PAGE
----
Synaptic Mechanisms Underlying Treatment of Depression and Bipolar Disorder

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2016-05-26

Authors

Gideons, Erinn Sommer

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Abstract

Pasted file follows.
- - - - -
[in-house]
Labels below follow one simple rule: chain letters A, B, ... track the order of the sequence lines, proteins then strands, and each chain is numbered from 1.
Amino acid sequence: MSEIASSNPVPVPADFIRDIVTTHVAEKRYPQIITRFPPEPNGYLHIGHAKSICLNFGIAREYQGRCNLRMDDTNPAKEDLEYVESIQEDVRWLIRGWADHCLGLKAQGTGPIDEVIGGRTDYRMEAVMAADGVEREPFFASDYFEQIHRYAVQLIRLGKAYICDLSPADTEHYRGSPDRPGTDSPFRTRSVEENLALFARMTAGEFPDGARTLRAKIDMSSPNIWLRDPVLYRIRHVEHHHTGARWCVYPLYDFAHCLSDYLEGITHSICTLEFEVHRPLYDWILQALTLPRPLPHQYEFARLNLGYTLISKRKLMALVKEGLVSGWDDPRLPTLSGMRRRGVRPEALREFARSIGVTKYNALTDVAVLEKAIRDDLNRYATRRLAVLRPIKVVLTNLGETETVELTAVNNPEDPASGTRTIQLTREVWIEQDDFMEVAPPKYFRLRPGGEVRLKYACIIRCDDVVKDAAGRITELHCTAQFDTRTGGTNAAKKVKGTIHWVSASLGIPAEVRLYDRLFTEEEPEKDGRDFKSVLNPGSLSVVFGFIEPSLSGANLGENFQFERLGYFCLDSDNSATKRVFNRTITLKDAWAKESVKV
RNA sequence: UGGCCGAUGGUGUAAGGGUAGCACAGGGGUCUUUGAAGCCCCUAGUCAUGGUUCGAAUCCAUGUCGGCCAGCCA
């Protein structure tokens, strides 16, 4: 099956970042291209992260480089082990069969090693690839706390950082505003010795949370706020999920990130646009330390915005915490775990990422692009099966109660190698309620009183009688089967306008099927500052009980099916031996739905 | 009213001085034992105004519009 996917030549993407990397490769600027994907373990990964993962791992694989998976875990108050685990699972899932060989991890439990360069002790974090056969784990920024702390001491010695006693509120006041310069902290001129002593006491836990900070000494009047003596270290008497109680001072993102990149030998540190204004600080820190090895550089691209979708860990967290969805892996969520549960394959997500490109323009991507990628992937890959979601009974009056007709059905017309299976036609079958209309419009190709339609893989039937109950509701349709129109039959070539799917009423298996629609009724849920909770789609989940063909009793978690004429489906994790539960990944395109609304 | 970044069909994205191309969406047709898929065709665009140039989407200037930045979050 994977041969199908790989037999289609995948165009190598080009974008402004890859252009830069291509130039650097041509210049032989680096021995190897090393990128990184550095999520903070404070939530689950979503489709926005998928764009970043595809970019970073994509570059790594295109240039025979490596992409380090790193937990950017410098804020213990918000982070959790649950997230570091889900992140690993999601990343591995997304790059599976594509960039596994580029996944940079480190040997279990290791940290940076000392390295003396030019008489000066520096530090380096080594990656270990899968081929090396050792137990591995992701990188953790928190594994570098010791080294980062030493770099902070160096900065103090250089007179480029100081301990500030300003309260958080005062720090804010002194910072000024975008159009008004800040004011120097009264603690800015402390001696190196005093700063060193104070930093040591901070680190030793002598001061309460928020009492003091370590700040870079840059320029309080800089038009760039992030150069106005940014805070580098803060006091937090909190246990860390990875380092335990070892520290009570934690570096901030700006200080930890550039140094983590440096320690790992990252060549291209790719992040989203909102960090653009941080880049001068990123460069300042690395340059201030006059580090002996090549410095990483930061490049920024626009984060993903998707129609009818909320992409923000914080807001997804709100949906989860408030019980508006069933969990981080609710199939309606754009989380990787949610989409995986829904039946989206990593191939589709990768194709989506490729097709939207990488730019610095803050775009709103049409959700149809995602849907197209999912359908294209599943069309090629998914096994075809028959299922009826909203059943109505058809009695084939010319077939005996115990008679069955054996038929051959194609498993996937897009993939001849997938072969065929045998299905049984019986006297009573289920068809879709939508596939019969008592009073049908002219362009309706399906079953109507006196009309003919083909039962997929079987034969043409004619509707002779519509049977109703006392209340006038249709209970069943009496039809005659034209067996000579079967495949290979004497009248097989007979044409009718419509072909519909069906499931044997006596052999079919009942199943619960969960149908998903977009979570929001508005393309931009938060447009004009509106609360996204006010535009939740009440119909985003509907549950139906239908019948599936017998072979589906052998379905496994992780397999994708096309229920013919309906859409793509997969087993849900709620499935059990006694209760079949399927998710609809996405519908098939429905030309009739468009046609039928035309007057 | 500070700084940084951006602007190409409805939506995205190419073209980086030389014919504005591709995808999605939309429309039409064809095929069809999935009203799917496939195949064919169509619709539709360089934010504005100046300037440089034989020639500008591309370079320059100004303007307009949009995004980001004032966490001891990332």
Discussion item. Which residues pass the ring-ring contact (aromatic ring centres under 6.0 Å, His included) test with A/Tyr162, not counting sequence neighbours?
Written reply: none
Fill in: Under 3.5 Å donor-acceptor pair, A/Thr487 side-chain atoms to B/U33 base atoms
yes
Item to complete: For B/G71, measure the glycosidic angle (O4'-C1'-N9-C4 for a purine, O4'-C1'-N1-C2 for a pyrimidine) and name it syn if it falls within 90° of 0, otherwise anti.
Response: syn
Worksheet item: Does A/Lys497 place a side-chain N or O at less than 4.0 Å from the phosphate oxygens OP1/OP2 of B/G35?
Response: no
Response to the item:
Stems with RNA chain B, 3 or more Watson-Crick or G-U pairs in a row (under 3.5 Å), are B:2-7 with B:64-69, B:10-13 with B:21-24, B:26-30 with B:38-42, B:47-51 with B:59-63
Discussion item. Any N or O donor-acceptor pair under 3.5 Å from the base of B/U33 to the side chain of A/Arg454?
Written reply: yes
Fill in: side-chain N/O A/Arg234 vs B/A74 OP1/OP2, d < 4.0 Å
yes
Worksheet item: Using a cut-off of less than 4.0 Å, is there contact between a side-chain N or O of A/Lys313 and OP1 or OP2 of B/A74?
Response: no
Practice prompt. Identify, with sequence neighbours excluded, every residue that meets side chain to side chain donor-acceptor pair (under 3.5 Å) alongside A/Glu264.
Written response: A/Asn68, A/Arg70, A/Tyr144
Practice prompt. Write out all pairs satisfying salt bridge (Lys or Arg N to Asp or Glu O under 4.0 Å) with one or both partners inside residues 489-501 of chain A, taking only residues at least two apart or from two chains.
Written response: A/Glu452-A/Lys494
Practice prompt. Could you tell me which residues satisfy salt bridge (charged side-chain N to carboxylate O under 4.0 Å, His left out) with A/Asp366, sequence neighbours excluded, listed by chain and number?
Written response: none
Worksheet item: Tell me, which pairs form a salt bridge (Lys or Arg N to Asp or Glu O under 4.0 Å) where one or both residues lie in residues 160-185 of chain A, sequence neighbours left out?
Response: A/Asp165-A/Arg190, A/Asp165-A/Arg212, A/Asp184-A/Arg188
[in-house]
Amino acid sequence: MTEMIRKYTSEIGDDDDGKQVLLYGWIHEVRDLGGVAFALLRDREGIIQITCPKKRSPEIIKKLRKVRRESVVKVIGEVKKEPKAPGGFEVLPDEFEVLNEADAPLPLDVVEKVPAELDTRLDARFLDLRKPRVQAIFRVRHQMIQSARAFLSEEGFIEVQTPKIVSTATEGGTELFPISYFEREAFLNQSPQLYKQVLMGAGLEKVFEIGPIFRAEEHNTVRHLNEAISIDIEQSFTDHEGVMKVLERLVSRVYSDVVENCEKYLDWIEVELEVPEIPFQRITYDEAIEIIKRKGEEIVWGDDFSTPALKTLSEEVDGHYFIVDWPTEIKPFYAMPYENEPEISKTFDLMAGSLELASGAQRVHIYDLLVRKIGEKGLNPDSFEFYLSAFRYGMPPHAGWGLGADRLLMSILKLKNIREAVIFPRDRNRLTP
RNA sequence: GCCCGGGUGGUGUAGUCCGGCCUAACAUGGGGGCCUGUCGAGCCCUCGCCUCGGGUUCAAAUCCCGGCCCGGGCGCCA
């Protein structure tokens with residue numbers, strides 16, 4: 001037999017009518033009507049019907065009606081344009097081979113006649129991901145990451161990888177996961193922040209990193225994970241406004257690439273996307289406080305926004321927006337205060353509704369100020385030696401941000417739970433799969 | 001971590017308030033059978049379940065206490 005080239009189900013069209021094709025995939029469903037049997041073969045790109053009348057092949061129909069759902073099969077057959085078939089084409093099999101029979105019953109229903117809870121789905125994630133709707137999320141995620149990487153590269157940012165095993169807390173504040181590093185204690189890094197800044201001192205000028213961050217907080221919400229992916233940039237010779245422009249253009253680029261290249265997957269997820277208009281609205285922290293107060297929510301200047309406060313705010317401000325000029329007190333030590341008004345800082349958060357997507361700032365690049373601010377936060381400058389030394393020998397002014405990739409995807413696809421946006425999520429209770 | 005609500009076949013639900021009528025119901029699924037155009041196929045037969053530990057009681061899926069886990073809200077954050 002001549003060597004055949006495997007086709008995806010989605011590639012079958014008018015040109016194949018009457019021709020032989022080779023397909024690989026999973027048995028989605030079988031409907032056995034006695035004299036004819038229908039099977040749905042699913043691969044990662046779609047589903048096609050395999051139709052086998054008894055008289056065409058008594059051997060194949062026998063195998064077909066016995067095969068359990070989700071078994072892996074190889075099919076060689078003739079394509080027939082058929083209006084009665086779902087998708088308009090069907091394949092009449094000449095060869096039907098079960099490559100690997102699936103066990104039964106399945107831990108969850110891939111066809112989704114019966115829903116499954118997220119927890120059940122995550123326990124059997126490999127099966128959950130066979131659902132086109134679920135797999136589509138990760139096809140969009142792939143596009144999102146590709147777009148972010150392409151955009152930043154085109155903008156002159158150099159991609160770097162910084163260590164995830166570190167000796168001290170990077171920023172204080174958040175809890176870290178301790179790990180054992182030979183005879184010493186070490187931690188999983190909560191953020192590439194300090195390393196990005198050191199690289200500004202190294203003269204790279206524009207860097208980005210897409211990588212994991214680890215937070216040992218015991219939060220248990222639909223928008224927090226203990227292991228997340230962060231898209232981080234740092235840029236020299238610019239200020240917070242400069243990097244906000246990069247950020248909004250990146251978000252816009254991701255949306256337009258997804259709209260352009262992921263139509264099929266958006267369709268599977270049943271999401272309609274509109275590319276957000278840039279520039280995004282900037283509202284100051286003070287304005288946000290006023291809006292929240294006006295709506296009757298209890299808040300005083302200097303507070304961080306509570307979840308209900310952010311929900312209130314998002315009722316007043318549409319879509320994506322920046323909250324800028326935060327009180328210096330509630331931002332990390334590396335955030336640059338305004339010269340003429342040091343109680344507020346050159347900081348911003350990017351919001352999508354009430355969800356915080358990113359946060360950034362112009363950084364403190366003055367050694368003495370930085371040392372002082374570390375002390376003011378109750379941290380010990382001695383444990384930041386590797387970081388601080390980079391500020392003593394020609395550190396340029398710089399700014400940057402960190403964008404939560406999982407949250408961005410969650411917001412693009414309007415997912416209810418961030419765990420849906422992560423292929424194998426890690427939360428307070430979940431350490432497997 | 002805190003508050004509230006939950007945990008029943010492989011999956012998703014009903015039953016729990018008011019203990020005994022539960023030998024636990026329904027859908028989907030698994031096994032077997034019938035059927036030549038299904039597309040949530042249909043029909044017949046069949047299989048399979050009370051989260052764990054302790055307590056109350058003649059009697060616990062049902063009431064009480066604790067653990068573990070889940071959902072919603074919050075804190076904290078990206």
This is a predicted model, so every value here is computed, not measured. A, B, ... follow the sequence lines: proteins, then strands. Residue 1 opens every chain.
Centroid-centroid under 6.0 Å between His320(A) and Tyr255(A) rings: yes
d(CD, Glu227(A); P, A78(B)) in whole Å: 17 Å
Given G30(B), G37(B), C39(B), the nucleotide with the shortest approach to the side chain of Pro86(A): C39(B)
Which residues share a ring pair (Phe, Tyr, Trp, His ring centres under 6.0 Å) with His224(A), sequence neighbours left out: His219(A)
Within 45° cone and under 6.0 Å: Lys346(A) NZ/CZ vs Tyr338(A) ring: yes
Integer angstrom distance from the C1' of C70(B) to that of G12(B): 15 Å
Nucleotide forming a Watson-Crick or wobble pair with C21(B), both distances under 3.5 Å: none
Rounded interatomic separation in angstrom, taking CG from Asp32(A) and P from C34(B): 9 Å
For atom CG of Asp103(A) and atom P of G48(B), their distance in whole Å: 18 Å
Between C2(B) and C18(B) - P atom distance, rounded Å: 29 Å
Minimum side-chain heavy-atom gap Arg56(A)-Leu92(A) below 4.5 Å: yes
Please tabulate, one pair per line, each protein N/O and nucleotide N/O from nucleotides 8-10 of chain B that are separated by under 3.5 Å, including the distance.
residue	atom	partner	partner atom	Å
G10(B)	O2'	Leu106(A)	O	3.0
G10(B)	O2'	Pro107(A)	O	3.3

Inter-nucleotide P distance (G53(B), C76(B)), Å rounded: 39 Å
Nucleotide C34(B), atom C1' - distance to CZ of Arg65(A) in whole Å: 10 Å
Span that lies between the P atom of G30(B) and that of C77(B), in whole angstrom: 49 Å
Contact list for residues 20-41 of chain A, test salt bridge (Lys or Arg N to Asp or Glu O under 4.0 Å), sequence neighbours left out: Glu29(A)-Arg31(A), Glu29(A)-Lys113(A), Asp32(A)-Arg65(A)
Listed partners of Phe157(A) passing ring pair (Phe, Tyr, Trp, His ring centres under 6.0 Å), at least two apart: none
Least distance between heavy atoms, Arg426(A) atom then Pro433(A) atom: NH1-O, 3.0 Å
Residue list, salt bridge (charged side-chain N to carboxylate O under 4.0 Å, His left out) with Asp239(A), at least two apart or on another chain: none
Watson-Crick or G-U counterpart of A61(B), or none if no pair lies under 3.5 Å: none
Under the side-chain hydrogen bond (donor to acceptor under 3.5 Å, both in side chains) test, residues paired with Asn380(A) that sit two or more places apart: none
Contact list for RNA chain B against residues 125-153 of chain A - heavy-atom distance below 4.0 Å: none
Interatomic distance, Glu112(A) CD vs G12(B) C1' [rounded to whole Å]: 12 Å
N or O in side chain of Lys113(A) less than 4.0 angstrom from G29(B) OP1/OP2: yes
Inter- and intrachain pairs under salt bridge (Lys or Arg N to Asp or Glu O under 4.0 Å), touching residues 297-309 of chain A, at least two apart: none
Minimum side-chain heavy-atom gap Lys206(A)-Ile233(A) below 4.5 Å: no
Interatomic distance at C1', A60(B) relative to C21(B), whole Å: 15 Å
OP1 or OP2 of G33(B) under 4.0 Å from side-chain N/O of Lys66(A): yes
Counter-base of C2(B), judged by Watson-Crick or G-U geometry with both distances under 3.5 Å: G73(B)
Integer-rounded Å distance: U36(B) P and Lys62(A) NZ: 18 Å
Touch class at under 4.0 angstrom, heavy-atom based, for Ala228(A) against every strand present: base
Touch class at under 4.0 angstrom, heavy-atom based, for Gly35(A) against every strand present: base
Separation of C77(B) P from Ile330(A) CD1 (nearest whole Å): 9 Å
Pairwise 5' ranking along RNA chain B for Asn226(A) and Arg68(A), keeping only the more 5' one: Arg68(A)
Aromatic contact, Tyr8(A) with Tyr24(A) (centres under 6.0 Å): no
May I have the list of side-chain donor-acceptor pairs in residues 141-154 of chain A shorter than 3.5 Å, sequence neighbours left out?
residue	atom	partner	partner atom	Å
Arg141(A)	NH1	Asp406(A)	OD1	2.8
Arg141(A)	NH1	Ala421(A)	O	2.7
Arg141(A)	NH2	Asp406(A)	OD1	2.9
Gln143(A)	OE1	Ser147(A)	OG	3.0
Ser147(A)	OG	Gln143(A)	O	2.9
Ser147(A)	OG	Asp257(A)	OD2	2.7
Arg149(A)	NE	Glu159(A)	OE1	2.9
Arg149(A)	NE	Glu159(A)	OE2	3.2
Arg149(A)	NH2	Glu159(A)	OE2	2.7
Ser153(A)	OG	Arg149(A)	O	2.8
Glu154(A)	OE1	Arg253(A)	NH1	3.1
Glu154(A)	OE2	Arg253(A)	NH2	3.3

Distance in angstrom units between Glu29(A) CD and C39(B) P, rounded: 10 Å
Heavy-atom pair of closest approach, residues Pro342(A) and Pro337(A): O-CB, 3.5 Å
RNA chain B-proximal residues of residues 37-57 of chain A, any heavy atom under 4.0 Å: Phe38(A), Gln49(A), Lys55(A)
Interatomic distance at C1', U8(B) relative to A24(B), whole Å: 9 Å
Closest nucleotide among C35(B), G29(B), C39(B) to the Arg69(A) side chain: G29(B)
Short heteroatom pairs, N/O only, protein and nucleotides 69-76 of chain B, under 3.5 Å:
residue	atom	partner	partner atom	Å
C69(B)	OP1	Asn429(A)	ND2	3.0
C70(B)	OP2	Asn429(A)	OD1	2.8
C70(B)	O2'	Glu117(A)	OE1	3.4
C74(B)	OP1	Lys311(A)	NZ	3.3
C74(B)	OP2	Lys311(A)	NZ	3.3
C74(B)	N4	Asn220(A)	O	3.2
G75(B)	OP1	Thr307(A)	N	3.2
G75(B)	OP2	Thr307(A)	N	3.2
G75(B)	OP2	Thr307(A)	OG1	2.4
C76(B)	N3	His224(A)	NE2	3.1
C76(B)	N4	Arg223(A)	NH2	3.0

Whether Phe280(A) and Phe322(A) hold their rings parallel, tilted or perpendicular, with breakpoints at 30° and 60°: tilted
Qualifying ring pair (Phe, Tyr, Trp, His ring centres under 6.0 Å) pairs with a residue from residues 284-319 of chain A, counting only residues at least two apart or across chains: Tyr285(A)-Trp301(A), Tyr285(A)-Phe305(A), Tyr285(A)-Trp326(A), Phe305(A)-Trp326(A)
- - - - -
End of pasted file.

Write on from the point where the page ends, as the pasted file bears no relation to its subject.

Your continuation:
Ketamine is a N-methyl-D-aspartate receptor (NMDAR) antagonist that elicits rapid antidepressant responses in depressed patients. However, ketamine can also produce psychotomimetic effects, which limits its widespread use. The field has been exploring the mechanism of ketamine's antidepressant action to assist in identifying drugs that may also produce the rapid effects without the potential side effects. Memantine is a NMDAR antagonist similar to ketamine in many regards but does not produce antidepressant effects in patients. Behavioral experiments in mice recapitulated clinical findings showing that ketamine but not memantine has antidepressant-like effects in two common antidepressant efficacy tests. Ketamine and memantine effectively blocked NMDAR-mediated mEPSCs in the absence of Mg2+. However, in physiological levels of extracellular Mg2+ only ketamine was able to block the NMDAR at rest. This difference between ketamine and memantine extended to intracellular signaling coupled to NMDAR at rest, in that ketamine inhibits the phosphorylation of eukaryotic elongation factor 2 (eEF2) resulting in an augmentation of subsequent protein expression of brain-derived neurotrophic factor (BDNF), that is not triggered by memantine These results demonstrate significant differences between the efficacies of ketamine and memantine on NMDA receptor mediated neurotransmission that impacts downstream intracellular signaling which is hypothesized as the trigger for rapid antidepressant responses. In a subsequent study, the therapeutic effect of lithium, a mood stabilizer and a common treatment for Bipolar Disorder (BD) is being investigated. Lithium has antidepressant and antimanic effects in patients with BD that can be recapitulated in animal models. While lithium is effective as a mood stabilizer, the mechanisms that underlie its therapeutic effect are unclear. Lithium has previously been shown to decrease the overall phosphorylation status of eEF2, which increases BDNF protein translation at the synapse. In this study, clinically effective doses of lithium were shown to result in antidepressant and antimanic-like effects in mice. We report that neither eEF2 kinase nor BDNF are necessary for the antidepressant effects of lithium. Additionally, eEF2 kinase is not required for the antimanic effects of lithium. However, BDNF appears to be necessary for lithium's antimanic actions. To begin to understand whether this requirement of BDNF in lithium's anti-manic action was due to synaptic changes we performed electrophysiological analysis on primary hippocampal neurons treated with lithium. Chronic lithium treatment caused a significant decrease in AMPAR-mEPSC amplitude, which requires both BDNF and its high affinity receptor, TrkB. Additionally, chronic lithium treatment caused a significant decrease in surface expression of the GluA1 subunit of the AMPAR. Collectively, this data demonstrates that BDNF is required for the antimanic effects of lithium, and that lithium's effects on the regulation of AMPARs are BDNF and TrkB dependent, which may underlie its behavioral effect.

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